Jesus Creed

Every summer, or almost every summer, I read Ernest Hemingway, The Old Man and the Sea. Whether it is his prose or the subject of the chase or the struggle that blends the human and the natural world, I don’t know, but I read it again and again. Sometimes I think I’ll jot down my favorite line, but I don’t think I can find it. It’s the story. It’s the way he tells the story. It’s the character, Santiago, and his boat and his friend and the sky and the water and Joe Dimaggio and the fish — the fish’s beauty and nobility.
I have a hardcover copy of the book; it sits on the bookshelf next to my favorite place in the living room; about once a month I notice it and tell it to wait until next summer (that’s Cub humor). I have no markings in the book — it’s a reading copy. Once when we were in Florida we saw the Pilar, Hemingway’s boat. We’ve been to his home in Oak Park in the Chicago area; we’ve been to his home in Key West; we’ve seen his grave in Idaho. His story is sad. This book mirrors his story, I suppose. I leave that to the psychologists. I read the story because I like the story.
Hemingway tells the story of a struggle, three days of fighting to land a marlin, which he lands — or attaches to himself — and then he comes in only to have the marlin devoured by sharks. He manages to get home with nothing but the bones.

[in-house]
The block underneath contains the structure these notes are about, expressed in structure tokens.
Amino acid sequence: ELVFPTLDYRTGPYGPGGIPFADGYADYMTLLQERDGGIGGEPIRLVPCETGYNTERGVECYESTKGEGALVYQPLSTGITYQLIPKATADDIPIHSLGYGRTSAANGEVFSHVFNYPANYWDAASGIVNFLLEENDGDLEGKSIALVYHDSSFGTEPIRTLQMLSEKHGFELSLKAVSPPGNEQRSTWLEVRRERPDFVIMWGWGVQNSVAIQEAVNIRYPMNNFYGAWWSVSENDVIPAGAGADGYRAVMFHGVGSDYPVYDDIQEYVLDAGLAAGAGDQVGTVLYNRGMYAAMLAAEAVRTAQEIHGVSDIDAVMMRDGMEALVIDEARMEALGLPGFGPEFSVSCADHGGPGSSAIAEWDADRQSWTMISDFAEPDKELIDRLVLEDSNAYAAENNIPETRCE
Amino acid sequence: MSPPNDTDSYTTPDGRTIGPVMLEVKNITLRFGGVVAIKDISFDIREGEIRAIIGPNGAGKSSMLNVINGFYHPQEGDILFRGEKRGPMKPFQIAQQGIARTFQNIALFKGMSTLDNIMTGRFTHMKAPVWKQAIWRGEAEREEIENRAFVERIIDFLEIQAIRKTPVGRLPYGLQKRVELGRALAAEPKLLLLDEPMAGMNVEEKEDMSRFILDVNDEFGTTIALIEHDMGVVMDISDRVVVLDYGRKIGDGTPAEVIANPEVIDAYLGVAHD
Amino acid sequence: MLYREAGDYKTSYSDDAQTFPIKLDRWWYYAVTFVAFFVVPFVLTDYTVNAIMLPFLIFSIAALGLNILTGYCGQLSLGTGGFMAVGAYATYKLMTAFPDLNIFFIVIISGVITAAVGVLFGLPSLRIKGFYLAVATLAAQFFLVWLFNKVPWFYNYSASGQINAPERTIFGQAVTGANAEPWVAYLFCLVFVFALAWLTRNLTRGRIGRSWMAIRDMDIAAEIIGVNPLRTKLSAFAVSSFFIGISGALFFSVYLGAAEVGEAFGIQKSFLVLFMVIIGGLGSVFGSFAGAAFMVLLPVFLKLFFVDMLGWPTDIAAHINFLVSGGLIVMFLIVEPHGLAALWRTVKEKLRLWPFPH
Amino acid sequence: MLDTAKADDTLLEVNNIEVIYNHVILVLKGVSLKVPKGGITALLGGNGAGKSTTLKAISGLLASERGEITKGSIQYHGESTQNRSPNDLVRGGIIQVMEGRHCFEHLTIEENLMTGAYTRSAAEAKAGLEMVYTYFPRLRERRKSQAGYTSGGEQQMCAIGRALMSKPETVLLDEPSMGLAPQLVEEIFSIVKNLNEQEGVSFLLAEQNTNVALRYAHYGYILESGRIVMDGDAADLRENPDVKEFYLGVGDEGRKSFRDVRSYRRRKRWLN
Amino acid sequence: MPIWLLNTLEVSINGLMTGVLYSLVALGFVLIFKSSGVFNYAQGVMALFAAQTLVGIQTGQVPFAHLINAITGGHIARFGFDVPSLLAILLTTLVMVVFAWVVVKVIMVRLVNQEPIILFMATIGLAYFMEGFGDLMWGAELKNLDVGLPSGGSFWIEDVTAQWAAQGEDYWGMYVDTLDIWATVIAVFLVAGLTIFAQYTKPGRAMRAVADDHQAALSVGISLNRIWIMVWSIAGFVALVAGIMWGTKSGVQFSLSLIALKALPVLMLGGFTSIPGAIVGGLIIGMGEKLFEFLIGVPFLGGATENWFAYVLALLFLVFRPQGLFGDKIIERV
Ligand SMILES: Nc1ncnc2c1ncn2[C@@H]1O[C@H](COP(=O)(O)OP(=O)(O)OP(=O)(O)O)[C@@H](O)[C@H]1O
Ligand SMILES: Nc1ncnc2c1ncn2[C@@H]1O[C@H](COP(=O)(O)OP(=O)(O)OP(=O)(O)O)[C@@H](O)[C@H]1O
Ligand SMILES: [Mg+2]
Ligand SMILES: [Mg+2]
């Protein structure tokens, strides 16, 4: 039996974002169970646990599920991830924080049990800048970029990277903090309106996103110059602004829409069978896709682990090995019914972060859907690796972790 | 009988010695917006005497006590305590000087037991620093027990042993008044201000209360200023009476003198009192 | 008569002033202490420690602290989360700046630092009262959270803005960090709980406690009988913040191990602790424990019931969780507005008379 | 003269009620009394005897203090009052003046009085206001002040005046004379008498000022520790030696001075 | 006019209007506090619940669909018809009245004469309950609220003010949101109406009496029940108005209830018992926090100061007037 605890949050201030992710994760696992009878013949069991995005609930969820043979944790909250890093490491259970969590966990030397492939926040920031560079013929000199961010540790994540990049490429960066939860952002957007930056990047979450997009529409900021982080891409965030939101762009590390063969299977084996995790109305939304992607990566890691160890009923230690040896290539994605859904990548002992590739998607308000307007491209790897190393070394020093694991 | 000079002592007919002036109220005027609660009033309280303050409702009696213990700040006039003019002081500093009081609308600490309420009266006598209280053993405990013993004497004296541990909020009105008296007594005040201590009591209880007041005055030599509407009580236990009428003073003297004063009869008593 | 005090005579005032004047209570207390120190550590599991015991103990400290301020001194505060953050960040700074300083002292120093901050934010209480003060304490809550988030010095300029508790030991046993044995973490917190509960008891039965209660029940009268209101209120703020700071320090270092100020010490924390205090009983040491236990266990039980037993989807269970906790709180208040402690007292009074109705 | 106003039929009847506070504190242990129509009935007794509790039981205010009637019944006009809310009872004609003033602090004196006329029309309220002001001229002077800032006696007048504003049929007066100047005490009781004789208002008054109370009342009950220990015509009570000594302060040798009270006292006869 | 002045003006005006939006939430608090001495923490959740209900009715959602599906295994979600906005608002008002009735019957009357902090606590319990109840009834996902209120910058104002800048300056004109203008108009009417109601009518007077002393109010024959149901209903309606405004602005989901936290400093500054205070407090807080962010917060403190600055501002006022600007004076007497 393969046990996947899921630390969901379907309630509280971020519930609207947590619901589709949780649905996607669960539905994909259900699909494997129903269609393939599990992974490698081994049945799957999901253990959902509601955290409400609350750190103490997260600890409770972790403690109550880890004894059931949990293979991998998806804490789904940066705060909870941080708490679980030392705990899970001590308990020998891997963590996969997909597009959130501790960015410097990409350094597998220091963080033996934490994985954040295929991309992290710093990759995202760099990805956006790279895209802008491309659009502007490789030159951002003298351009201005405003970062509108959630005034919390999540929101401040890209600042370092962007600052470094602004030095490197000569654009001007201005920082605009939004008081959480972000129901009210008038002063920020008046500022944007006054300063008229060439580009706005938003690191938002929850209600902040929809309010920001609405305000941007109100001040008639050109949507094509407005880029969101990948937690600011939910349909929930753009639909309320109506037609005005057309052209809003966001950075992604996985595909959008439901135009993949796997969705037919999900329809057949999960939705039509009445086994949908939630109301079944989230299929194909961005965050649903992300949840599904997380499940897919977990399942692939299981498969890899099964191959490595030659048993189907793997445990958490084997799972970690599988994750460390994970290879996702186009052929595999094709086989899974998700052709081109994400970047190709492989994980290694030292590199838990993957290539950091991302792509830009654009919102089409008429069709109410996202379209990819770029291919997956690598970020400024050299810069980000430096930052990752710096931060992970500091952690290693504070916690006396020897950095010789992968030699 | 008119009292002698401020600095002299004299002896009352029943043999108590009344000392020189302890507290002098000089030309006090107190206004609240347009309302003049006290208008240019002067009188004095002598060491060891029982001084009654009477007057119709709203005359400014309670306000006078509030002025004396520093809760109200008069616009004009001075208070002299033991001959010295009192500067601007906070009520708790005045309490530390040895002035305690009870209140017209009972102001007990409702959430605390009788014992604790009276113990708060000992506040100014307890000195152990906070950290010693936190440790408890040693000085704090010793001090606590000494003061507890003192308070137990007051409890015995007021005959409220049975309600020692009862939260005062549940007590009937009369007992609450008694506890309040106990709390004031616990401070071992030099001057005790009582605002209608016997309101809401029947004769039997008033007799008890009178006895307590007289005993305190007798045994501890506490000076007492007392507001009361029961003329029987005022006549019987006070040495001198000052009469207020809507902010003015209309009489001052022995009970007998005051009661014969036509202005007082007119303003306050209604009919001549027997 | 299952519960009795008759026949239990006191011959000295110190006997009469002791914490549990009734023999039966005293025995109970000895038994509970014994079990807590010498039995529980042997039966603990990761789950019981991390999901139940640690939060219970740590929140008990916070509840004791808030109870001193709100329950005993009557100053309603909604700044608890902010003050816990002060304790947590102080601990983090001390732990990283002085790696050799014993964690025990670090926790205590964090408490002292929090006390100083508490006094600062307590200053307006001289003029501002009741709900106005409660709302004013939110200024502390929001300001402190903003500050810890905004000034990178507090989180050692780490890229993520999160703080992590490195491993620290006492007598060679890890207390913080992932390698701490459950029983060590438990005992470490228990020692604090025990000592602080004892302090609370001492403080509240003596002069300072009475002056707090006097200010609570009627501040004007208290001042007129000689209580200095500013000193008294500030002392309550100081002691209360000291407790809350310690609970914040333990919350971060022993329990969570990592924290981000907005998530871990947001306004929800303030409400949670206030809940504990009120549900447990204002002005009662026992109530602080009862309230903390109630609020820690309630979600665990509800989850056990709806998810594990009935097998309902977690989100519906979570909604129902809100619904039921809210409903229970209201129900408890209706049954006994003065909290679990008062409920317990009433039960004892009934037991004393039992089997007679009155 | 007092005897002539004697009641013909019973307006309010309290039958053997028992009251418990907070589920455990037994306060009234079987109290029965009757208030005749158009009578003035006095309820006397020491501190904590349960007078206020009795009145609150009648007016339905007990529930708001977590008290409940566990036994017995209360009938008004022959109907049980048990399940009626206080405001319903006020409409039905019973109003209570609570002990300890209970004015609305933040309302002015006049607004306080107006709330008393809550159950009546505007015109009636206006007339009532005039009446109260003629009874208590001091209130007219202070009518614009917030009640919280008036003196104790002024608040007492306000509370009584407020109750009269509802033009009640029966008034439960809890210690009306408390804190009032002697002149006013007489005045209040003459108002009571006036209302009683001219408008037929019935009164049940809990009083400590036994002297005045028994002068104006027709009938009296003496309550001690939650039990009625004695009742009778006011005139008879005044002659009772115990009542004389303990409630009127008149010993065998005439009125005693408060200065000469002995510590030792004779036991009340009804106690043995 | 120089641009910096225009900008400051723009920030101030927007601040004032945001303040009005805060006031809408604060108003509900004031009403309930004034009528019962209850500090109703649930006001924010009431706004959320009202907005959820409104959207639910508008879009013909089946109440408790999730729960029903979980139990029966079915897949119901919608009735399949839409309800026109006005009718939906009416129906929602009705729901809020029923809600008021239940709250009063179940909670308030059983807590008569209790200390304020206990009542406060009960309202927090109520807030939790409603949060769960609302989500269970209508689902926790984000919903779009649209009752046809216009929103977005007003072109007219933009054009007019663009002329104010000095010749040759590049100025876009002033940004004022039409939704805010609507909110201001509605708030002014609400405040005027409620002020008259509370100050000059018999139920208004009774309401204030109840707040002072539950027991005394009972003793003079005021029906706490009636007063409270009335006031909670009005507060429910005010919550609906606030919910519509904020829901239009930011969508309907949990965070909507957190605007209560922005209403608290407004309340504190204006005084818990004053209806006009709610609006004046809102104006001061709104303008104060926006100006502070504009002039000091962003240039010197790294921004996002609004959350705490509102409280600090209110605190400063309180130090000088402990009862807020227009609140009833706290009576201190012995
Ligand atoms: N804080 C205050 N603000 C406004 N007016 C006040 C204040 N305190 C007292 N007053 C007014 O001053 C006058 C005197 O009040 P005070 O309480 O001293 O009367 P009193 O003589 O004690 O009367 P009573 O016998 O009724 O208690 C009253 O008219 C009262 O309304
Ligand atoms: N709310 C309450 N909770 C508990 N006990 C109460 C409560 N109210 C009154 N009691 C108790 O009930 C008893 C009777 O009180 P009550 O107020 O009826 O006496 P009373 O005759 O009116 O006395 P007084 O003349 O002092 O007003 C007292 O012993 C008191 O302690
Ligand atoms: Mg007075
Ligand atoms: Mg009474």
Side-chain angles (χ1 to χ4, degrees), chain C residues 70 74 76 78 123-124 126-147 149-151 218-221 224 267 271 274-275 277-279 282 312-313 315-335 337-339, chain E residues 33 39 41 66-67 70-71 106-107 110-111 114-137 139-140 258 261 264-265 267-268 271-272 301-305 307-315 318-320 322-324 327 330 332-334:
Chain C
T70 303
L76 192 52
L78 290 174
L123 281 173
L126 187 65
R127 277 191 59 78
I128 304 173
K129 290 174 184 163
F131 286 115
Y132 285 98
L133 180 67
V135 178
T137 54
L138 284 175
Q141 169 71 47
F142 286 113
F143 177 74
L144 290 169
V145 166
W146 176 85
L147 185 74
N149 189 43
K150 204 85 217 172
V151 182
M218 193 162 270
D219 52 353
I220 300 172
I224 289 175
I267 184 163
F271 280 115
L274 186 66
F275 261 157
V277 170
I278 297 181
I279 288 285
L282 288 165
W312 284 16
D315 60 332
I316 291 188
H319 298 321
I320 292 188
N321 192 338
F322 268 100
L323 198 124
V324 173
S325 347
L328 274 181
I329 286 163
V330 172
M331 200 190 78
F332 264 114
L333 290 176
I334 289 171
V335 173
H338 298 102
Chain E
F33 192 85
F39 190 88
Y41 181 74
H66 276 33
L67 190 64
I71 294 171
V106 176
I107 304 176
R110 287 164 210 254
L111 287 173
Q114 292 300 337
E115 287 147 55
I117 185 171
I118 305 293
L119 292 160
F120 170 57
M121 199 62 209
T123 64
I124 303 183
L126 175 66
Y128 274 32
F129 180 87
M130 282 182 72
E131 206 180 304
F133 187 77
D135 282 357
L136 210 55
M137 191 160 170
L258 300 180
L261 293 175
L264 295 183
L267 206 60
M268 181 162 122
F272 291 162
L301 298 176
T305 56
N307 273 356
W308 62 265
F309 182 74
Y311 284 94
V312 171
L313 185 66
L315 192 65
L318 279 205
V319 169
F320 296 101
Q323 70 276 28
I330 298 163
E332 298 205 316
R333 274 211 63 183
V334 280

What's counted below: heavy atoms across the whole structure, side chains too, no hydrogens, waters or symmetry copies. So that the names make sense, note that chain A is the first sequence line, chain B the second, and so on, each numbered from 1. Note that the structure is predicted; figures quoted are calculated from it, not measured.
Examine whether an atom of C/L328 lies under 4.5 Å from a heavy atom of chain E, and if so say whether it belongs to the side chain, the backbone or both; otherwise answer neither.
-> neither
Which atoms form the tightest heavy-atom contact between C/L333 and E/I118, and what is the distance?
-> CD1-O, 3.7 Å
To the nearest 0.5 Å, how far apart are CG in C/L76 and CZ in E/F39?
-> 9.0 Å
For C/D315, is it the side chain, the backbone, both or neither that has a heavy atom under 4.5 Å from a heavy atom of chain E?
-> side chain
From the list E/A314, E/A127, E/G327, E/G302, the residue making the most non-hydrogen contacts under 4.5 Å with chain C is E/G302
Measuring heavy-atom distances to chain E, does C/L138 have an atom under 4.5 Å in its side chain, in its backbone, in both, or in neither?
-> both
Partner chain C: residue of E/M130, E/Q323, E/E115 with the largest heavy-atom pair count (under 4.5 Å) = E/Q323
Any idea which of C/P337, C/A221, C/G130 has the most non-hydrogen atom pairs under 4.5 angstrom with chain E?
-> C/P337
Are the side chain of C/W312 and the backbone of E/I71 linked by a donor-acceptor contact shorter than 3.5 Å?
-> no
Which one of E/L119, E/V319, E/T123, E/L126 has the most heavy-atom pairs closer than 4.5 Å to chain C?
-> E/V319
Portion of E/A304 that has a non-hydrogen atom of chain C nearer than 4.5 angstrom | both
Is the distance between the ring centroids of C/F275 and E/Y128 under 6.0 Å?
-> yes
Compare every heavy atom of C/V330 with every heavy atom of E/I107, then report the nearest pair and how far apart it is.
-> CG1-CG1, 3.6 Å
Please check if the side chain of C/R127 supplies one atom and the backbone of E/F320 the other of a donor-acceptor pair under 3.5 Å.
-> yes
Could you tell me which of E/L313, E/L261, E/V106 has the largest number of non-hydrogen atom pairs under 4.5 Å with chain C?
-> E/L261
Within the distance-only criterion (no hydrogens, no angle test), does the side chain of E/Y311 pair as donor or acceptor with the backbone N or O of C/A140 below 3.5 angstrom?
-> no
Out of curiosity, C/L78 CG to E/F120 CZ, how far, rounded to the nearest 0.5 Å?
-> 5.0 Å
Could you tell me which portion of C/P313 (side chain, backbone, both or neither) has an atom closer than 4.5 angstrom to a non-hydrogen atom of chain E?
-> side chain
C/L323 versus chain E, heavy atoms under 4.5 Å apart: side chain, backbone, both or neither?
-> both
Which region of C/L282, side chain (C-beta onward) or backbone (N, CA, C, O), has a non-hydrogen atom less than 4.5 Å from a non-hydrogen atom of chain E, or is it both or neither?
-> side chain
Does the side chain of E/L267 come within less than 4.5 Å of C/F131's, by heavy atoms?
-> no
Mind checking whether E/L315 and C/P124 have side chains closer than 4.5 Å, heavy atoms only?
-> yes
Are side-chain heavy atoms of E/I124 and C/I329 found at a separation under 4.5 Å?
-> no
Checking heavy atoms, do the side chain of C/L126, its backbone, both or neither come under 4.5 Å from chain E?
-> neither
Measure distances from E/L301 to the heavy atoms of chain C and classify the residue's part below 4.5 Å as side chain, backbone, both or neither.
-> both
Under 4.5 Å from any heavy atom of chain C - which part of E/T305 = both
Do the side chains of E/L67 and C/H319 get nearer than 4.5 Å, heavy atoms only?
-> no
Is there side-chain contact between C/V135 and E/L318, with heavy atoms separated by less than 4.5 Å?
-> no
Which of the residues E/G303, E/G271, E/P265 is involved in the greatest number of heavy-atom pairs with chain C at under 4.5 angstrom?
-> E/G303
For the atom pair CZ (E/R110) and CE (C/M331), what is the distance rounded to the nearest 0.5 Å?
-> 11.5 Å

And the story to tell of the struggle he had day and night as he talked to himself and to this fish. Is that the point?
What do you like about Hemingway’s greatest novel? And, as you may know, some consider this the greatest of American novels.
Some take it as a parable of life, a parable of the quintessential struggle of life. How do you read it?
By the way, when I looked, there were 680 reviews on Amazon.
If you’ve read this far, I’ll tell you that Kris and I fly to Rome today; we’ll be spending a week or so on the Amalfi coast — soaking up the sun, wandering through the villages, and finally seeing Pompei.
I’ve taken a couple books in the I Tatti Renaissance Library, Scala’s Essays and Dialogues, and one on the history of the popes. And two volumes of Quintilian’s Declamations. And The Complete Pompei by Joanne Berry. Seems like good reading for Italy.

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